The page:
Longitude divides Earth between east and west. Instead of bisecting the world horizontally at the equator, we draw an imaginary line from the North and South Poles called the prime meridian, which travels through Greenwich, England.
The prime meridian is 0° longitude. (On the opposite side of the globe from the prime meridian is 180° longitude. The international date line roughly follows this longitude.)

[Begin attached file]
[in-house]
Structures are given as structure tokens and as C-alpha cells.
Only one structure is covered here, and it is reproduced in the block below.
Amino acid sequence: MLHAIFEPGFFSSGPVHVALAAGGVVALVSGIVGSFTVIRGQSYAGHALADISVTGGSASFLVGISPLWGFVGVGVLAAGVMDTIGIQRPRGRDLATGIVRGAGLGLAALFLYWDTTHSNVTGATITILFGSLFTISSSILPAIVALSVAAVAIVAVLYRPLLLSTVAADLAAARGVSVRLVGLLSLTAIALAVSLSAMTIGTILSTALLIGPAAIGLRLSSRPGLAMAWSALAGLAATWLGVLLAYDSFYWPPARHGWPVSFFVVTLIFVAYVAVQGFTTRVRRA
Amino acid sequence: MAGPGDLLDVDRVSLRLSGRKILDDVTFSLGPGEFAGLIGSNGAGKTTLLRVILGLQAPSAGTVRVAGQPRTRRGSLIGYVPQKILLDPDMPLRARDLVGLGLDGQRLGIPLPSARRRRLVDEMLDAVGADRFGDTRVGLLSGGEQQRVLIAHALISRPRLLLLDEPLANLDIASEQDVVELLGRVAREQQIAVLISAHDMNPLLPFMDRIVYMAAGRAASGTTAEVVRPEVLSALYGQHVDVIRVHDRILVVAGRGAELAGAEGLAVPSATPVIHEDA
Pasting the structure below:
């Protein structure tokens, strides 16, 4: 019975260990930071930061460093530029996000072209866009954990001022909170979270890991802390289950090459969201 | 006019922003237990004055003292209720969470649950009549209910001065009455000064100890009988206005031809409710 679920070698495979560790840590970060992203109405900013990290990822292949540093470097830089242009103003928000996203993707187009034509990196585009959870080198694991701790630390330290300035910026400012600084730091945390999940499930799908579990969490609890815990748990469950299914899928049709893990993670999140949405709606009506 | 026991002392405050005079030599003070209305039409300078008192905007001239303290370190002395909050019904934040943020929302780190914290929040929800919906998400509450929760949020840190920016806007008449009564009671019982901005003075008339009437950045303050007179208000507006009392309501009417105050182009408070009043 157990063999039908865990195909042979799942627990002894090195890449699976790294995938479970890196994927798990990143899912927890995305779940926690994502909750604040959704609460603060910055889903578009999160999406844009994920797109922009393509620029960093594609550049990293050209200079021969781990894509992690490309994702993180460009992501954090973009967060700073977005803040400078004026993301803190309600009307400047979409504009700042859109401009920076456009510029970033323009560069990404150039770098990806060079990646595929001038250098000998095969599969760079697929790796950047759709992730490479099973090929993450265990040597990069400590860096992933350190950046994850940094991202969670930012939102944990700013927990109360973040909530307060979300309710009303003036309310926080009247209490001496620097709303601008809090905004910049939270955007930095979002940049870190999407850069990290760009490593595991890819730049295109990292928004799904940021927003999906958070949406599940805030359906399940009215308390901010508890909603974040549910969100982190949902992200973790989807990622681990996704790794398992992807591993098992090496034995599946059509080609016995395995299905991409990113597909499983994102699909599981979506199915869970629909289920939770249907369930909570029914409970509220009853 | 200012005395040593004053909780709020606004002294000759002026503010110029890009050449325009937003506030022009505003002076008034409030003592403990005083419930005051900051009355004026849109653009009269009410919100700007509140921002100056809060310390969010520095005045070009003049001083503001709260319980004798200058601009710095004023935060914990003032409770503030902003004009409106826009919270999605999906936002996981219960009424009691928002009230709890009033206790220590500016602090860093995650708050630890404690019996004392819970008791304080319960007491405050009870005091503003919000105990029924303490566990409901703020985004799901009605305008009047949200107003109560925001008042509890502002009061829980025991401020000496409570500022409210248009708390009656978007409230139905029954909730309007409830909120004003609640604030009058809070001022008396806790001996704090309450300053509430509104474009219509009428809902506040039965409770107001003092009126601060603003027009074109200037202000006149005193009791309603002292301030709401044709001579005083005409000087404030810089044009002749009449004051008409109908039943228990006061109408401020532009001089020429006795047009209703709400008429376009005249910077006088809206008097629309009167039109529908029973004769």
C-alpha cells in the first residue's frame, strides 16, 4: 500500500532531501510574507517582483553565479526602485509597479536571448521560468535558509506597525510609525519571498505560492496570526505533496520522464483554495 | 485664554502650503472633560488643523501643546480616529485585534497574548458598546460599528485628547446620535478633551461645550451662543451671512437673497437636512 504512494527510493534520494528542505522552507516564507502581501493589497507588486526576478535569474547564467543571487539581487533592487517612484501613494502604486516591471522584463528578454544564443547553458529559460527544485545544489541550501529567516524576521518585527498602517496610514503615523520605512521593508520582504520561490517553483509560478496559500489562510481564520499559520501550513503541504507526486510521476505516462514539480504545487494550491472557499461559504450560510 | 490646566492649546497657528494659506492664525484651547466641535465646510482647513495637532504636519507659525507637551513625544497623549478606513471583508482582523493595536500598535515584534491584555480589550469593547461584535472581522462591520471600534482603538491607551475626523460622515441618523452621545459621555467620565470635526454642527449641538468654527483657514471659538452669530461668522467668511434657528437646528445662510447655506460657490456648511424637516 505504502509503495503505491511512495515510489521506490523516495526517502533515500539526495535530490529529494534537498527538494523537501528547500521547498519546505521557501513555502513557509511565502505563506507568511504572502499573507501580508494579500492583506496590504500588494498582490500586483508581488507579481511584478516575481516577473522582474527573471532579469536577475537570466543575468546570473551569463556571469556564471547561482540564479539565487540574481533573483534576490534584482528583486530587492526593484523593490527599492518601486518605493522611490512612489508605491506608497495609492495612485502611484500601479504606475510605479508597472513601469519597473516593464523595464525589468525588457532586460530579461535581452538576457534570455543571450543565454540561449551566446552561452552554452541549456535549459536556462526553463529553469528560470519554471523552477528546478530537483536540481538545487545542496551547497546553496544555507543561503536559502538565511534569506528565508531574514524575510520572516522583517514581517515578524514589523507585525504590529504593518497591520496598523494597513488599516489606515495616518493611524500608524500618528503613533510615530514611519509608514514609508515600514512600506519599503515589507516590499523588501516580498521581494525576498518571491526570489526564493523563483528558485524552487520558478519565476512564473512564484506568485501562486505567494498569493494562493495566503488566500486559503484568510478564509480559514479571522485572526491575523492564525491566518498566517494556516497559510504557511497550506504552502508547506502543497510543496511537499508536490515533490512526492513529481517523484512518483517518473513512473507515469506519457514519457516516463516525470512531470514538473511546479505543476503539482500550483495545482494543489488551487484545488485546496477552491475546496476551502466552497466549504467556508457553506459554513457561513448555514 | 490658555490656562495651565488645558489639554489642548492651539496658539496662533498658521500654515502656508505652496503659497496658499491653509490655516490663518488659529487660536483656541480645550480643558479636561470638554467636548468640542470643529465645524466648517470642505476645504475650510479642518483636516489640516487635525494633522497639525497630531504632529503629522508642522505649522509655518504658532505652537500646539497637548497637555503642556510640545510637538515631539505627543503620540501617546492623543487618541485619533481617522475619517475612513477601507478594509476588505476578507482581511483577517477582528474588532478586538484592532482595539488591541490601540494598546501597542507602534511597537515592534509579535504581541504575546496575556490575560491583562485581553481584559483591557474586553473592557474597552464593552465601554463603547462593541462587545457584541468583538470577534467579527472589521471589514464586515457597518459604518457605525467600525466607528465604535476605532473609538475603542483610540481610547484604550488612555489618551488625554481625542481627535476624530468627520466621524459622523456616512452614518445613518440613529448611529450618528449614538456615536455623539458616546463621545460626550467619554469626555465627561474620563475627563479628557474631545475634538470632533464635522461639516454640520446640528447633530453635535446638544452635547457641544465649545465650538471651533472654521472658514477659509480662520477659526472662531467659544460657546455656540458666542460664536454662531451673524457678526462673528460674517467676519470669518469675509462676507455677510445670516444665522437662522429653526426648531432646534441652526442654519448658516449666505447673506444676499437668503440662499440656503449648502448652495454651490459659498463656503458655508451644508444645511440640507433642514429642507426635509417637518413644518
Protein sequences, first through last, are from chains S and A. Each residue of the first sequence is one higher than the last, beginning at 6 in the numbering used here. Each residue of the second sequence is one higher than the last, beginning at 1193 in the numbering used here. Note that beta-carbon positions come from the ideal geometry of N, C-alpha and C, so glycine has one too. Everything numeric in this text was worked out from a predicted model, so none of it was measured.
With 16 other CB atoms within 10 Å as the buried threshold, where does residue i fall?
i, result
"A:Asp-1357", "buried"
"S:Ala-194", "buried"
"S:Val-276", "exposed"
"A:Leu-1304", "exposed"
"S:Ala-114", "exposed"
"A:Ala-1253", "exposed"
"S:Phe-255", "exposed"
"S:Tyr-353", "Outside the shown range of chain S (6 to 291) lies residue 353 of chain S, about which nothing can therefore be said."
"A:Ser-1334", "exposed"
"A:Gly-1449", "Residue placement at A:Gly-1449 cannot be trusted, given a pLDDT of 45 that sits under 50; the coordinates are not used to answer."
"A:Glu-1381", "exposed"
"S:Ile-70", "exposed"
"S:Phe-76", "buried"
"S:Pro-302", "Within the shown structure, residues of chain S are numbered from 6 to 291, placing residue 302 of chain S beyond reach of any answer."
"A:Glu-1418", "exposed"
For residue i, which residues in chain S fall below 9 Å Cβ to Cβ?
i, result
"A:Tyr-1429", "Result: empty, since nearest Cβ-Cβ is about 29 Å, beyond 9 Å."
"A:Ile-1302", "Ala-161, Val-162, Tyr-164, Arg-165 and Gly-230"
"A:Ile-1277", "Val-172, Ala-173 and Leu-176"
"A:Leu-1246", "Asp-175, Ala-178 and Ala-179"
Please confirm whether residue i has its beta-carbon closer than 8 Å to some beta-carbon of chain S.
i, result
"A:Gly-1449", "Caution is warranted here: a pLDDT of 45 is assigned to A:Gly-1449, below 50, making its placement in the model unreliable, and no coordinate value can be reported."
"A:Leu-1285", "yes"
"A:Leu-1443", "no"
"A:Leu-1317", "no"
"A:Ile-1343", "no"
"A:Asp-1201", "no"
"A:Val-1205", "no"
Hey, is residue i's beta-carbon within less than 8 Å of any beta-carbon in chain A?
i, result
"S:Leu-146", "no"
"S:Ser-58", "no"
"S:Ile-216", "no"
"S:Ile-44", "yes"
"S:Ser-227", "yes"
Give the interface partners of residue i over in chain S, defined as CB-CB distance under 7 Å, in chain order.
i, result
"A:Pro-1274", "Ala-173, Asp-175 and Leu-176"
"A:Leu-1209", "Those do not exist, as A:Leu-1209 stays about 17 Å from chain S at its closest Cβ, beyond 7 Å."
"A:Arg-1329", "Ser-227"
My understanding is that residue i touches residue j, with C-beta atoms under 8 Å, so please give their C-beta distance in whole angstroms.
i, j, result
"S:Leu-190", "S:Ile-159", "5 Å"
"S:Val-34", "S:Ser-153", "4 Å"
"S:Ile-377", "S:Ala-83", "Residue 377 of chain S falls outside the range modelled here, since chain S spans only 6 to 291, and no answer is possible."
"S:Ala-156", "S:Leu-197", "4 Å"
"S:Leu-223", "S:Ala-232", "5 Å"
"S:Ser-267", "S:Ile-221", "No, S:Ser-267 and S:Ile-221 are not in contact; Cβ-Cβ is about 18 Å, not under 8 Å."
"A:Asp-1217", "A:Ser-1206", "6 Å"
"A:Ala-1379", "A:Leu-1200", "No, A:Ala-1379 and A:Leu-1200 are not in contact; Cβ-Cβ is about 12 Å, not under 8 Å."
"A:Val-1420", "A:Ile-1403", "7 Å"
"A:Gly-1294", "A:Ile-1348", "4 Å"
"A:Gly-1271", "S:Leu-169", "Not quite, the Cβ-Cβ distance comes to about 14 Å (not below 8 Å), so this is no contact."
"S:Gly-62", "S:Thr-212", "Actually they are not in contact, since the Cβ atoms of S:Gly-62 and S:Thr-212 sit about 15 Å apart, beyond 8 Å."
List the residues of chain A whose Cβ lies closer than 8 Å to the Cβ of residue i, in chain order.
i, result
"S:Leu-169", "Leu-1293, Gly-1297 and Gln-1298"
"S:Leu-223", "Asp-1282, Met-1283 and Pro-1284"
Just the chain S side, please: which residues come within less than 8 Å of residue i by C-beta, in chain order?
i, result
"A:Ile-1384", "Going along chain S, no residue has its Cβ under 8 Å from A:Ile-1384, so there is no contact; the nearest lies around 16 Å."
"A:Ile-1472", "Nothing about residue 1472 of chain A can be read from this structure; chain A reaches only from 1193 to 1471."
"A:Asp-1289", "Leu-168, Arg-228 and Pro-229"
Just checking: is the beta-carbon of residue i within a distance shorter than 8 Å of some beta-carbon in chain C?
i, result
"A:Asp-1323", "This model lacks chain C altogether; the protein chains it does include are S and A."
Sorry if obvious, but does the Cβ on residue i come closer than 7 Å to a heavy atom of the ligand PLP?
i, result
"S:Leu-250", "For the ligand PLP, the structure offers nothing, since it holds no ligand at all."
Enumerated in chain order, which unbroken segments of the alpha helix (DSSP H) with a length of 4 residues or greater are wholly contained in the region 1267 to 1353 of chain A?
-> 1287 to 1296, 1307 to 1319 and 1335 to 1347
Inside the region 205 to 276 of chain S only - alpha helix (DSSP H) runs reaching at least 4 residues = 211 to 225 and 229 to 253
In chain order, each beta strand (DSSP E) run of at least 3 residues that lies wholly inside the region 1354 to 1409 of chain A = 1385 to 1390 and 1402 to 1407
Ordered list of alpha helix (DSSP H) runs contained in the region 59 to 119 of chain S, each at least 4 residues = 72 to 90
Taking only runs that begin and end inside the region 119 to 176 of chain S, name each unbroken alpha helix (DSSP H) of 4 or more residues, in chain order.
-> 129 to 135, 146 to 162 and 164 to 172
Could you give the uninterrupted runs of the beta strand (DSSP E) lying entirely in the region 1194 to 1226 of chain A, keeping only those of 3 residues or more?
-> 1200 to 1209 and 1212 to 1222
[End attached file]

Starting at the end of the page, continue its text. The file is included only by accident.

Of the three points that determine the longitudinal angle, one is on the prime meridian, one on the imaginary line through Earth between the North and South Poles, and one is the point on the surface whose longitude you want to discover.